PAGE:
replace Robert Dickler, who announced in 2007 that he intended to step down

after 16 years of service to the association and its members.

 

Information: Go to http://www.aamc.org/newsroom/pressrel/2008/080902.htm

 

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AAMC analysis: after affirmative action in California

 

New research analysis from the AAMC reports the number of in-state minority

college students accepted by and enrolled in California medical schools has

decreased since the elimination of race-conscious admissions in that state.

The latest issue of AAMC Analysis in Brief shows California medical schools

accepted, on average, 170 in-state minority applicants each year from

1997-2007, down from about 230 students in 1993.  Additionally, the report

shows a 6.7 percent decrease in in-state minority students matriculating to

California's medical schools from 1997 to 2007. Affirmative action was banned

by the University of California's Board of Regents in 1995, and state voters

codified its elimination a year later. An overall drop in the U.S. medical

school applicant pool in the 1990s has made it difficult to determine the

direct impact of the elimination of affirmative action in California. Despite

an array of programs to support diversity efforts, however, in-state minority

acceptances and matriculants to California medical schools have not returned

to the rates achieved in the early 1990s.

 

Information: Go to http://www.aamc.org/data/aib/aibissues/aibvol8_no6.pdf

 

^^^^^^^^^^^^^^^^^^^^^^^^^^^^^^

 

Medical groups send comment letter to Department of Education

 

The AAMC joined nearly 100 medical organizations in a comment letter sent to

the Department of Education last month. In the letter the organizations thank

the department for its work thus far in implementing the "College Cost

Reduction and Access Act of 2007." The groups also urge the department to

permanently reinstate the economic hardship deferment debt-to-income ratio

(known as the "20/220 pathway") for student loans or provide an equivalent

funding mechanism for loan deferments so that medical residents continue to

have an option to postpone loan payments--without penalties--during their

training.

 

Information: Go to

http://www.aamc.org/advocacy/library/educ/corres/2008/081408.pdf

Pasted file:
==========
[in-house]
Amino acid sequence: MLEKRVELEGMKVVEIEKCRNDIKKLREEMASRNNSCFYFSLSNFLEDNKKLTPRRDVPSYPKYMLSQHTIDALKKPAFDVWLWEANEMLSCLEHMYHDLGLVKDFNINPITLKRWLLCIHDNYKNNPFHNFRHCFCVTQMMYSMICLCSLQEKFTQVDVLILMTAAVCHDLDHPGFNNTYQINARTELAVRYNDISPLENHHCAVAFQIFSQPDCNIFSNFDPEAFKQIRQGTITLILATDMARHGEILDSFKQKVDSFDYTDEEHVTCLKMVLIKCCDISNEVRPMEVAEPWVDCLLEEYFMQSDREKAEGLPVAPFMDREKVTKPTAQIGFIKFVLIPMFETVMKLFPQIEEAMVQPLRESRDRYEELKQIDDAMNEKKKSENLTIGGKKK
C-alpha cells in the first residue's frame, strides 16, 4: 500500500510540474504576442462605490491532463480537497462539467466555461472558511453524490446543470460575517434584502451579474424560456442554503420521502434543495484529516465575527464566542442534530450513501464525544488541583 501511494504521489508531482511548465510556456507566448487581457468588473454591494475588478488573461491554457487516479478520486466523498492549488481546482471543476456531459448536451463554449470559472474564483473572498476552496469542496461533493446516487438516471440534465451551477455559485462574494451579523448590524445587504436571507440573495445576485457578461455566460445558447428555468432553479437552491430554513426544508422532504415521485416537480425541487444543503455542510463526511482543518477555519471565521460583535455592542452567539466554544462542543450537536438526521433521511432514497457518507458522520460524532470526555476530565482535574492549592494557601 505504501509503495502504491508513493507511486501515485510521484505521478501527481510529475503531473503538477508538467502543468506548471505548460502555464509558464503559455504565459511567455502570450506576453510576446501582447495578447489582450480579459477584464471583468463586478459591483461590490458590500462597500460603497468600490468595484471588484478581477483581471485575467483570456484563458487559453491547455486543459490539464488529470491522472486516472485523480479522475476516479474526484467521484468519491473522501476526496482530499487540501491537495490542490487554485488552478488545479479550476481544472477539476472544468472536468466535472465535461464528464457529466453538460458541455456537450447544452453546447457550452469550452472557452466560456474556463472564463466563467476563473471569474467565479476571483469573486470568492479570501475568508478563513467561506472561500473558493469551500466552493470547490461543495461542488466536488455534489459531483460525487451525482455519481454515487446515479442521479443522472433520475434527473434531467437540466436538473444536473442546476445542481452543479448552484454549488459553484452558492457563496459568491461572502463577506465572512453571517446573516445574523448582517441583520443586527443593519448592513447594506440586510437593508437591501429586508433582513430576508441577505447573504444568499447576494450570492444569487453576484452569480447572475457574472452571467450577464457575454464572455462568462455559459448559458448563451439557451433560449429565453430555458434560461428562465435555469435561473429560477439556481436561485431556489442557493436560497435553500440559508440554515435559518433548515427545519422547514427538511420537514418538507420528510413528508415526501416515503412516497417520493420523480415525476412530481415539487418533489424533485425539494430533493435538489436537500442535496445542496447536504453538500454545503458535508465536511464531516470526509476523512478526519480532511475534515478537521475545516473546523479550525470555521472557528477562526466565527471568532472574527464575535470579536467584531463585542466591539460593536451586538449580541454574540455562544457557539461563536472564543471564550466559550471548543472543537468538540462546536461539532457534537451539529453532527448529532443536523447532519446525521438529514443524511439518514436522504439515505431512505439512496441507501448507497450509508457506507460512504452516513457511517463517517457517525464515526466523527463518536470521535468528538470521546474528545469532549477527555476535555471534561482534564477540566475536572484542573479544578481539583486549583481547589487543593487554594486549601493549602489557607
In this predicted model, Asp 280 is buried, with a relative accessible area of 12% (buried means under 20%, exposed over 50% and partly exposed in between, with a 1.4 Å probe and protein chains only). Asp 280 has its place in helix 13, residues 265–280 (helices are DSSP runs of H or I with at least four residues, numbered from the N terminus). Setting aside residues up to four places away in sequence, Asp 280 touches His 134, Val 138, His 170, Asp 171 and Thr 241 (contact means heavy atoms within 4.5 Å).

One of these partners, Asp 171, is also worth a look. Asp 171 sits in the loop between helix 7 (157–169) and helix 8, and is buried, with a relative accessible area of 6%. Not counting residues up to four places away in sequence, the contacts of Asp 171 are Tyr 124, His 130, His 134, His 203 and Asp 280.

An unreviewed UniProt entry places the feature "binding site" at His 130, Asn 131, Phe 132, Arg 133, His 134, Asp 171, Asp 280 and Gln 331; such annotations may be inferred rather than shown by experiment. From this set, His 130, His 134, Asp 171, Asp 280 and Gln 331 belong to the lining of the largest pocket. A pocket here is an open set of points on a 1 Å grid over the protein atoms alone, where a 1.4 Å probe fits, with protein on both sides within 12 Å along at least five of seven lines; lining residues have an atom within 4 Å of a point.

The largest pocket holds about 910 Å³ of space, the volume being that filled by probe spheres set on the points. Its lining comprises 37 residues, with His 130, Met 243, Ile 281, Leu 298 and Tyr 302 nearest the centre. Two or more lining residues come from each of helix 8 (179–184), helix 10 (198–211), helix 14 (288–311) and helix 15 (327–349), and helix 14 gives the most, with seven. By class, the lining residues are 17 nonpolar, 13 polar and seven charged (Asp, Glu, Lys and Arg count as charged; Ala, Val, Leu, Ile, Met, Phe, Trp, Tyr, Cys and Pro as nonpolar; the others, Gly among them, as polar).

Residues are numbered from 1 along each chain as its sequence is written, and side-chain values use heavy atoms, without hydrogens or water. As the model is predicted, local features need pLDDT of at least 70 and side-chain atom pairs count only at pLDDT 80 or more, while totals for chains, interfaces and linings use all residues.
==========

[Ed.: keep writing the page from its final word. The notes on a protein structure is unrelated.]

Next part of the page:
^^^^^^^^^^^^^^^^^^^^^^^^^^^^^^

 

NIH awards $42.2 million in first EUREKA grants

 

The National Institutes of Health (NIH) have awarded $42.2 million in the

first EUREKA grants given to researchers with unconventional and innovative

projects that could have a huge impact on science.  Then new program, which

stands for Exceptional, Unconventional Research Enabling Knowledge

Acceleration, will fund 38 projects, many from academic medicine, and cover

costs of up to $200,000 a year for four years.  The goals of some of the

winning projects include a new method of reprogramming adult cells to

resemble embryonic stem cells and an RNA-based strategy for getting material

into the brain without the need for a direct injection. Additional EUREKA

awards may be made in the fall, and the NIH will offer the program again next

year.

 

Information: Go to

http://www.nigms.nih.gov/Research/Mechanisms/EUREKAGrants.htm

 

^^^^^^^^^^^^^^^^^^^^^^^^^^^^^^

 

Commission seeks to eliminate Cesium-137 Chloride in medical research

 

The Nuclear Regulatory Commission (NRC) has issued a notice seeking

information on the security and continued use of Cesium-137 Chloride

radiation sources, which are widely used in medicine and research. The NRC is

following recommendations of a National Academies panel that, earlier this

year, argued for discontinuing the use of Cs-137 Chloride sources because of

their potential use in a "dirty bomb" and their ability to disperse widely in

the environment. The commission is asking for information on the extent to

which these sources are used in medicine and research, and the potential

economic or other impacts of discontinuing its use. The NRC is also seeking

information on the availability of alternative sources for medical and

scientific applications. The NRC will hold a public meeting on this issue in

Bethesda, Maryland, Sept. 29-30; stakeholders in the use of these irradiation

sources are urged to attend. 

 

Information: Stephen Heinig, AAMC Biomedical and Health Sciences Research,

202.828.0488, sheinig@aamc.org or go to

http://edocket.access.gpo.gov/2008/pdf/E8-17545.pdf

 

^^^^^^^^^^^^^^^^^^^^^^^^^^^^^^

 

CMS finalizes rule on residency transfers, GME payments in emergencies

 

The Centers for Medicare and Medicaid Services (CMS) has issued final

regulations to address the continuation of Medicare direct graduate medical

education (GME) and indirect medical education (IME) payments when hospitals

in emergency or disaster areas must temporarily suspend operations. As

finalized, the emergency GME regulations allow affected hospitals to enter

into GME resident cap affiliation agreements and transfer their caps to any

other hospital in the country, bypassing existing policy. The hospitals

involved may also bypass existing policies requiring shared residency

rotational arrangements. 

 

These regulations were initially issued as "interim final" rules in 2006 to

help teaching hospitals located in New Orleans and other areas affected by

hurricanes Katrina and Rita. These regulations have since been included in

the Medicare inpatient final rule.

 

Information: Go to http://www.aamc.org/advocacy/washhigh/start.htm#2

 

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NSF reports unprecedented decline in federal support for research

 

The National Science Foundation (NSF) has issued a report indicating that

federal funding for scientific research and development (R&D) at academic

institutions has declined for the second consecutive year, after adjusting

for inflation. According to the report, this is the only instance since 1972

in which federal support of academic R&D has failed to keep pace with

inflation for two years running. According to NSF, federally funded academic